That’s about it. Good luck with the GCSEs, A Levels and first year exams. Avoid dropping your laptop on the floor when you’re 14- I did and it ended badly. You chose well with the friends you made, so keep those up. Keep playing the piano! I gave it up and regret it greatly. Your parents will probably pay for cello and piano lessons. Probably. Start sailing earlier, keep smiling and just think that you currently have the joy of running round in Kenyan grass. Ten years time you’ll be reading about the lack of regionalism in South East Asia or trope theory. Enjoy being a teenager. It ain’t too bad.
Lots of love,
Your twenty year old self.
PS For God’s sake, eat less biscuits when you’re 12. You just become podgy and it’s rather horrible in the photos.
This week has been slightly work filled. I had an essay to hand in on Wednesday, and with more assignments looming, there isn’t really any time to sit around ideally. My birthday (which is this Monday) brought my dad up to see me on Saturday, so we fitted in a walk around the essays etc etc etc.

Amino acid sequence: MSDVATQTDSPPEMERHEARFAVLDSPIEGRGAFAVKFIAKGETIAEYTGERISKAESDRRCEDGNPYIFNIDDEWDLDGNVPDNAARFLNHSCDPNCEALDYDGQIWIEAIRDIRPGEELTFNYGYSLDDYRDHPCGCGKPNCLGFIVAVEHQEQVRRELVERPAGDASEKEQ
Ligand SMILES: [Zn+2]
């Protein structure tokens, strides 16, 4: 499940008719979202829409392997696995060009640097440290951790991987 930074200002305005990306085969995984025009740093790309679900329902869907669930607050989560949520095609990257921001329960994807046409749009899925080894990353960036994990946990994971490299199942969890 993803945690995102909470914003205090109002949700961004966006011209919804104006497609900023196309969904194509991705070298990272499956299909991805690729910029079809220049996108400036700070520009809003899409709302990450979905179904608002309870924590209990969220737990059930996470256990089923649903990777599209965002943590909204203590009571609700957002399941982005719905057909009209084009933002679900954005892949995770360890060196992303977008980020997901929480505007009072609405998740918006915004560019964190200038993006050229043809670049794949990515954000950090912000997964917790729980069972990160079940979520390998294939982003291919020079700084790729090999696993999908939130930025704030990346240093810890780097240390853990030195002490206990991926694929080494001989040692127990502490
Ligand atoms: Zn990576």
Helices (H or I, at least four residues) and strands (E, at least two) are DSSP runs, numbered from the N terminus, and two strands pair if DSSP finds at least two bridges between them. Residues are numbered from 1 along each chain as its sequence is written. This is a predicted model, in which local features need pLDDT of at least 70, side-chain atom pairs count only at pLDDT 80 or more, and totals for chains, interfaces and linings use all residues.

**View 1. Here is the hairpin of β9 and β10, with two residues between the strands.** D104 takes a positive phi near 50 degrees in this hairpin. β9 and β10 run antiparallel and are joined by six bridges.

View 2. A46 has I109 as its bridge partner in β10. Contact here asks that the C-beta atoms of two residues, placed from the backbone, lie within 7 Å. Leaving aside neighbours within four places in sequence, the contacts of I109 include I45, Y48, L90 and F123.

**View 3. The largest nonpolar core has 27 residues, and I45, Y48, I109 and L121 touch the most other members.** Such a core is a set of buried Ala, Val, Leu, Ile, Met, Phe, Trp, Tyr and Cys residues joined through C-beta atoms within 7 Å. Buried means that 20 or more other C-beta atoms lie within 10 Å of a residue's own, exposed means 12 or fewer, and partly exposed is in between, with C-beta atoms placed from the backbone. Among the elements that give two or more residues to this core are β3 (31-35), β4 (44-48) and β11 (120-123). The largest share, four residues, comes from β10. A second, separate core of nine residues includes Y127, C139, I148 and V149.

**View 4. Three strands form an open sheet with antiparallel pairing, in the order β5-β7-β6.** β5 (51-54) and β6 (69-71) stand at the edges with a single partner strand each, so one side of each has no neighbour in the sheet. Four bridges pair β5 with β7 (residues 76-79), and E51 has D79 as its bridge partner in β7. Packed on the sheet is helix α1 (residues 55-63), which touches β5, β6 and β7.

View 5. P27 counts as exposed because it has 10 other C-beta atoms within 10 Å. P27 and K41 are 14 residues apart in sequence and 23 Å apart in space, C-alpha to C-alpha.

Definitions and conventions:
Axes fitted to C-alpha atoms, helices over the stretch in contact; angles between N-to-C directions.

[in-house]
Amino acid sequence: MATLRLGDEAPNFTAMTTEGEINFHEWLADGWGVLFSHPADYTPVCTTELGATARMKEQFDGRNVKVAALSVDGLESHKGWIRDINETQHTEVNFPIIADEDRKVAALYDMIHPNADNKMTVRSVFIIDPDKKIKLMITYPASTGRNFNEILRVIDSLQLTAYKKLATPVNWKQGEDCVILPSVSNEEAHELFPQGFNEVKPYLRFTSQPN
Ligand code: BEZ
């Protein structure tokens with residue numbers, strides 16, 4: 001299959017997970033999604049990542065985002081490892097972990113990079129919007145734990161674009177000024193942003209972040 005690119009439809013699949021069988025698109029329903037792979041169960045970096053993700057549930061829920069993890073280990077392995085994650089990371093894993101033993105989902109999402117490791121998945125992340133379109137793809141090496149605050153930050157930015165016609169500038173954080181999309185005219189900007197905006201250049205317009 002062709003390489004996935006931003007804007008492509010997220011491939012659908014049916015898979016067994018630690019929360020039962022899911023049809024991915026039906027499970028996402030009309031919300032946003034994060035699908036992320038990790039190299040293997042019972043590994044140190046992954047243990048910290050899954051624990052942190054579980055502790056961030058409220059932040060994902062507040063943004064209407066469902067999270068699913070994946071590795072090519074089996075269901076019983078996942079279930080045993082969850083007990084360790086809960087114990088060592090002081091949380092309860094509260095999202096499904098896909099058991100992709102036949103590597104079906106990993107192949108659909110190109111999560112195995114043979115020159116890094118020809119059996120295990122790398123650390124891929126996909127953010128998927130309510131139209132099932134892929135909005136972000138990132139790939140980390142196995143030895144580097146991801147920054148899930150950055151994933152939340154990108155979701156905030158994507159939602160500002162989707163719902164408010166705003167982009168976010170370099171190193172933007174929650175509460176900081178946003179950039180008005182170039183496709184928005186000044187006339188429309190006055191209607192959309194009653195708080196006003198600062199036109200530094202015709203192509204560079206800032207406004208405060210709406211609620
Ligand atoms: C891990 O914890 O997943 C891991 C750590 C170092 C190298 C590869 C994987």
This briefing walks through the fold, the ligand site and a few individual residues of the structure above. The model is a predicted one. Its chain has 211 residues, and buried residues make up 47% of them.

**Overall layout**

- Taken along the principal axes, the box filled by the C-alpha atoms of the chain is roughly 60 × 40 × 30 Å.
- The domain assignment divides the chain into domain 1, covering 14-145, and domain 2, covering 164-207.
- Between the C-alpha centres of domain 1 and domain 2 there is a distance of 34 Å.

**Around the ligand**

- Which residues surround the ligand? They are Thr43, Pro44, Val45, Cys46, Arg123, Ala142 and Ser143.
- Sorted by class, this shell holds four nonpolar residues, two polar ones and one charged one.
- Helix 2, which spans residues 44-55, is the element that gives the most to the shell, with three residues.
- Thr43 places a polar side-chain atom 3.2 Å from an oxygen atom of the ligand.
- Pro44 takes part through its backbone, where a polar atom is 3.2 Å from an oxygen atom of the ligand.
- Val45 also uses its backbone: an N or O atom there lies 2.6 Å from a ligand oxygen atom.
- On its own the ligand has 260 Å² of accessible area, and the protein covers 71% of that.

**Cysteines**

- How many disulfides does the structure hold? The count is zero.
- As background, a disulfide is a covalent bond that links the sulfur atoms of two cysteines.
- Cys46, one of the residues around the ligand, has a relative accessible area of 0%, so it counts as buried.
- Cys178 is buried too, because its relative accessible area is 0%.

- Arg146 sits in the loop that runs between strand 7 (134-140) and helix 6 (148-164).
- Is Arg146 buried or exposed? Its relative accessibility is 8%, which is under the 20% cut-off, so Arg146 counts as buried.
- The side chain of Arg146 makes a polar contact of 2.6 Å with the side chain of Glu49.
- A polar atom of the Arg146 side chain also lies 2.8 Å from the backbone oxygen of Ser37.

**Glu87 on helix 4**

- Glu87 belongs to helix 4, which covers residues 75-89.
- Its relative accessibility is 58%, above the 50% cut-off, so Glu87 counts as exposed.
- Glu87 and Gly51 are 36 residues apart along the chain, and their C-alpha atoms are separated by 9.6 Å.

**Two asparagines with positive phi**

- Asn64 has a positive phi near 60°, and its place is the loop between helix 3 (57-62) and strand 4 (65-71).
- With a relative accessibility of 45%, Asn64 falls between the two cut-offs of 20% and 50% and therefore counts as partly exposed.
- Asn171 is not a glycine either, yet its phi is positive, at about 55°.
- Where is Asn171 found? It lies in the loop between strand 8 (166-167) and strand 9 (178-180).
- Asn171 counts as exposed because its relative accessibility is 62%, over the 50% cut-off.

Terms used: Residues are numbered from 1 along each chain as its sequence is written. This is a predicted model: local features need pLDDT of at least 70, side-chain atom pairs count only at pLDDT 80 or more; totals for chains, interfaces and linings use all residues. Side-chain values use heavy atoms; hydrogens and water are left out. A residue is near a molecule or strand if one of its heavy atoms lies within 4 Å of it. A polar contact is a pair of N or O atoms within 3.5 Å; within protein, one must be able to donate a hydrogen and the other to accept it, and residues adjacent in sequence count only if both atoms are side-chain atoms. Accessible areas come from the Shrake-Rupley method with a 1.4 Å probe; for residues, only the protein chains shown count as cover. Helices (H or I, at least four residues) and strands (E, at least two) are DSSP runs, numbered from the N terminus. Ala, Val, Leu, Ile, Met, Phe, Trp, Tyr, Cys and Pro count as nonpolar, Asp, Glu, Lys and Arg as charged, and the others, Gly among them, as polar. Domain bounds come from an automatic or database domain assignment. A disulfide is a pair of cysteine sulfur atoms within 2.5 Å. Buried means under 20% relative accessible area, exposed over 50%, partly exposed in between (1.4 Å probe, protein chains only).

The upcoming week? My birthday is tomorrow, which is very exciting. I’m going to be twenty, which is somewhat unbelievable. It doesn’t seem that long since I turned eighteen- remember that? Beyond that, it shall be more work and more dull pictures of sunsets next week I’m afraid. Unless something dramatic happens. Which I doubt.
The past week must have been somewhat enjoyable for the Prime Minister. He’s back in Downing Street and out of a coalition. His opposition is scattered and confused, whilst he now has a majority in the Commons and can begin to relish the short honeymoon he shall have for the next few weeks. Most importantly, whilst the Labour party is divided and he holds a united Parliament, he can begin to make the political weather.